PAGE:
Stories about forbidden love is not something new for cinema, not even when we are talking specifically for ones between priests and nuns, which is the main theme of “Ave Maryam”. Robby Ertanto however, manages to overcome almost all clichés of the category, particularly through the way he implements image and sound. Let us take things from the beginning, though.

Ave Maryam” is screening at CinemAsia Film Festival

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The story takes place in 1980, in a nursing facility for nuns. Sister Maryam “works” there, completely devoted to her chores and to God. However, when Yosef, a handsome and liberal pastor, who is to take charge of the local orchestra, arrives at the facility, all things change. Yosef does not waste much time in showing his feelings to Maryam, but she resists initially. He does not back down though, and the Sister finds herself in front of a life changing decision.

Ertanto uses the dilemma of “God or Love” to present a subtle romantic story about forbidden love, whose narrative and overall aesthetics owe much to Wong Kar Wai’s style. In that fashion, he benefits the most from Ical Tanjung’s cinematography, who presents a number of scenes of meaningful beauty, with the ones with the window and the sea, the beach, and the one with night date being the most memorable, although a plethora of them are exceptional. The way he uses his camera, to allow the audience to feel like they are picking on the protagonists, mostly through Maryam’s character, is exceptional, and another heads up to the visual style of Wong Kar Wai’s movies.

Another impressive aspect of the film is the music, with Ertanto “coating” almost every scene with a very fitting track, ranging from hymns and opera to gospel, thus heightening the sense he wanted to give to each sequence, and intensifying the entertainment aspect of the film. Wawan I. Wibowo’s editing induces the film with a dreamy, relatively slow pace that suits its aesthetics to perfection.

Probably the best asset of the narrative is the build-up of the romance, from rather reluctant to rather obvious, with the consequences to Maryam’s work functioning as a direct proof of her emotions. In that fashion, the film benefits the most from Maudy Kusnaedi’s performance as Maryam, with her succeeding in portraying her inner struggle in laconic but also very eloquent fashion. Chicco Jerikho as father Yosef is more obvious, but his performance is equally good, with him highlighting his happy-go-lucky attitude in a rather delightful way. The chemistry of the two is another of the film’s best assets, and is exemplified in the scene in the restaurant where the lines heard of a movie playing in the background seem to mirror the throughts of the duet. Joko Anwar also plays a rather memorable part as the head priest (with the small parts he keeps playing in various movies moving towards becoming cult).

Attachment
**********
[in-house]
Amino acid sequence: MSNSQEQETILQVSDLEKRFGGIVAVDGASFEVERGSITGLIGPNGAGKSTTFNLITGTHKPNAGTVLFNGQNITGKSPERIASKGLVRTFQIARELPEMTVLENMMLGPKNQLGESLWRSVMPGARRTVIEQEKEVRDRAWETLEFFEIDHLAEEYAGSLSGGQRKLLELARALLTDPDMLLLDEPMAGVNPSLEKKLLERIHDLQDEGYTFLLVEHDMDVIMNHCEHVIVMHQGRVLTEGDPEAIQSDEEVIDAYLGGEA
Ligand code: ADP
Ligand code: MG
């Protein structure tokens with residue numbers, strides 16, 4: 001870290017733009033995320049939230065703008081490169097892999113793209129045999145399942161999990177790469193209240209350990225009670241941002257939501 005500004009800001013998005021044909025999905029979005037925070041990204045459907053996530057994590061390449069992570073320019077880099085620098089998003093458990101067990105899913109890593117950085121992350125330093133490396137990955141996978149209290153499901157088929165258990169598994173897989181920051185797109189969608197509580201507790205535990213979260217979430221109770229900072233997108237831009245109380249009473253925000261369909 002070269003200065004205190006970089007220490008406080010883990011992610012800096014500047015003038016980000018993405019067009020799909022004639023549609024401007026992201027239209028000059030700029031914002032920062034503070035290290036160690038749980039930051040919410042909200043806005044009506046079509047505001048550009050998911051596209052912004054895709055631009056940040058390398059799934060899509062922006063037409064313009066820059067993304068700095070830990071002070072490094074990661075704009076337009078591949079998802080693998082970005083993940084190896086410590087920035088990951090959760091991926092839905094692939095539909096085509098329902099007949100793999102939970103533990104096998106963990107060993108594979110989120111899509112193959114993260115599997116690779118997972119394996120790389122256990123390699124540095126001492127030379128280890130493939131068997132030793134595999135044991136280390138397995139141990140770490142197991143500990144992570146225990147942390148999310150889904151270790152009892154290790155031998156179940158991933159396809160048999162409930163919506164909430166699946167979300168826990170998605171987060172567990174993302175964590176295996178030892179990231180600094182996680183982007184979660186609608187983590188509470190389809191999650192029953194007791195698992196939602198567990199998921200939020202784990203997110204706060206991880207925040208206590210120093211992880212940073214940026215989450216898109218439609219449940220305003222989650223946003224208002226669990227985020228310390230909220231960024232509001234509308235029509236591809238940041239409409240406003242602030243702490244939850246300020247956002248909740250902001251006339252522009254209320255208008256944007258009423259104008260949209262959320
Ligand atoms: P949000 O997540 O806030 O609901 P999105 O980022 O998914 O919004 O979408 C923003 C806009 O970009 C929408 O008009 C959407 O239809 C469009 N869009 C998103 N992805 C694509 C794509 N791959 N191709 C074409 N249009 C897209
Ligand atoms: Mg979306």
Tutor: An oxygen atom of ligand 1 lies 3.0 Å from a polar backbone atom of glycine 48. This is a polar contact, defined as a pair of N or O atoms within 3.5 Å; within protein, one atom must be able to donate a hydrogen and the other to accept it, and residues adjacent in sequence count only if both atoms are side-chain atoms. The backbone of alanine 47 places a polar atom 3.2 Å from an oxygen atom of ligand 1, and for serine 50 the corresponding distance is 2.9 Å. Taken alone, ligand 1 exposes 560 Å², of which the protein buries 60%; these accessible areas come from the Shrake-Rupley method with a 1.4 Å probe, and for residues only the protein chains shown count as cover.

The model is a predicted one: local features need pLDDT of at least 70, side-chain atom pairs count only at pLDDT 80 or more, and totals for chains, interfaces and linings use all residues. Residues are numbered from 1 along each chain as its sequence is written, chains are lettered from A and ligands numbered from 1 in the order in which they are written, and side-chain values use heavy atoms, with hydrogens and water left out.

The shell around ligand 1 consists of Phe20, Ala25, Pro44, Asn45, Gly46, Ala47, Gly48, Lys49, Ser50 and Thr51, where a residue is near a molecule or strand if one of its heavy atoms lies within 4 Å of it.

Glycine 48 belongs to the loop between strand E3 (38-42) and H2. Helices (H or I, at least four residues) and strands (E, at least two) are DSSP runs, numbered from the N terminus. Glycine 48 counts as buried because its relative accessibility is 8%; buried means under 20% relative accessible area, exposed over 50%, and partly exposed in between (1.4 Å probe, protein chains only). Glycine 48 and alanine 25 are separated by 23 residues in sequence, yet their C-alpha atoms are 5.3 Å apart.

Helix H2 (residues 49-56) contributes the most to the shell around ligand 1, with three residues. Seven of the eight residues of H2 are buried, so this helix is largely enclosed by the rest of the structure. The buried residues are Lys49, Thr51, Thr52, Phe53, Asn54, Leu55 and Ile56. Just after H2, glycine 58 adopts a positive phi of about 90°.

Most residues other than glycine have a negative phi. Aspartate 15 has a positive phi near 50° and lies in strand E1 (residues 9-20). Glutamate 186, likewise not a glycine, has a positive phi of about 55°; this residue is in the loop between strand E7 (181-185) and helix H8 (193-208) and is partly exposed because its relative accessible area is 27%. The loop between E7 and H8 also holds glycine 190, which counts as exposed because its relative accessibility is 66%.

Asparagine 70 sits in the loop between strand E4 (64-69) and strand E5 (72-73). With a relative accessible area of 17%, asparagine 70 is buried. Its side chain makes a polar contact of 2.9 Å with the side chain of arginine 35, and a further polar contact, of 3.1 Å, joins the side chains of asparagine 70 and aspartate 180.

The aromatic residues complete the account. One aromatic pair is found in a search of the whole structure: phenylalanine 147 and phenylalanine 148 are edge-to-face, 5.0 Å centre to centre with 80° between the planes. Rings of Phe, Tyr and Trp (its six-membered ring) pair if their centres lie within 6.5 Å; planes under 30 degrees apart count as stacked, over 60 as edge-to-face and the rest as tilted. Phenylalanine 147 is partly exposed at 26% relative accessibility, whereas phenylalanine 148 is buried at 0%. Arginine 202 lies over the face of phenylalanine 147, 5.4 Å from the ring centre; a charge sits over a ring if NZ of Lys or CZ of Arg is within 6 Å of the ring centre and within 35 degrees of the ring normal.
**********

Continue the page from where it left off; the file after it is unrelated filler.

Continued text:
“Ave Maryam” is an impressive film, in both narrative and technical terms and a real treat to watch, while at 85 minutes, has just the right duration to be enjoyed by everyone.

My name is Panos Kotzathanasis and I am Greek. Being a fan of Asian cinema and especially of Chinese kung fu and Japanese samurai movies since I was a little kid, I cultivated that love during my adolescence, to extend to the whole of SE Asia. Starting from my own blog in Greek, I then moved on to write for some of the major publications in Greece, and in a number of websites dealing with (Asian) cinema, such as Taste of Cinema, Hancinema, EasternKicks, Chinese Policy Institute, and of course, Asian Movie Pulse. in which I still continue to contribute. In the beginning of 2017, I launched my own website, Asian Film Vault, which I merged in 2018 with Asian Movie Pulse, creating the most complete website about the Asian movie industry, as it deals with almost every country from East and South Asia, and definitely all genres. You can follow me on Facebook and Twitter.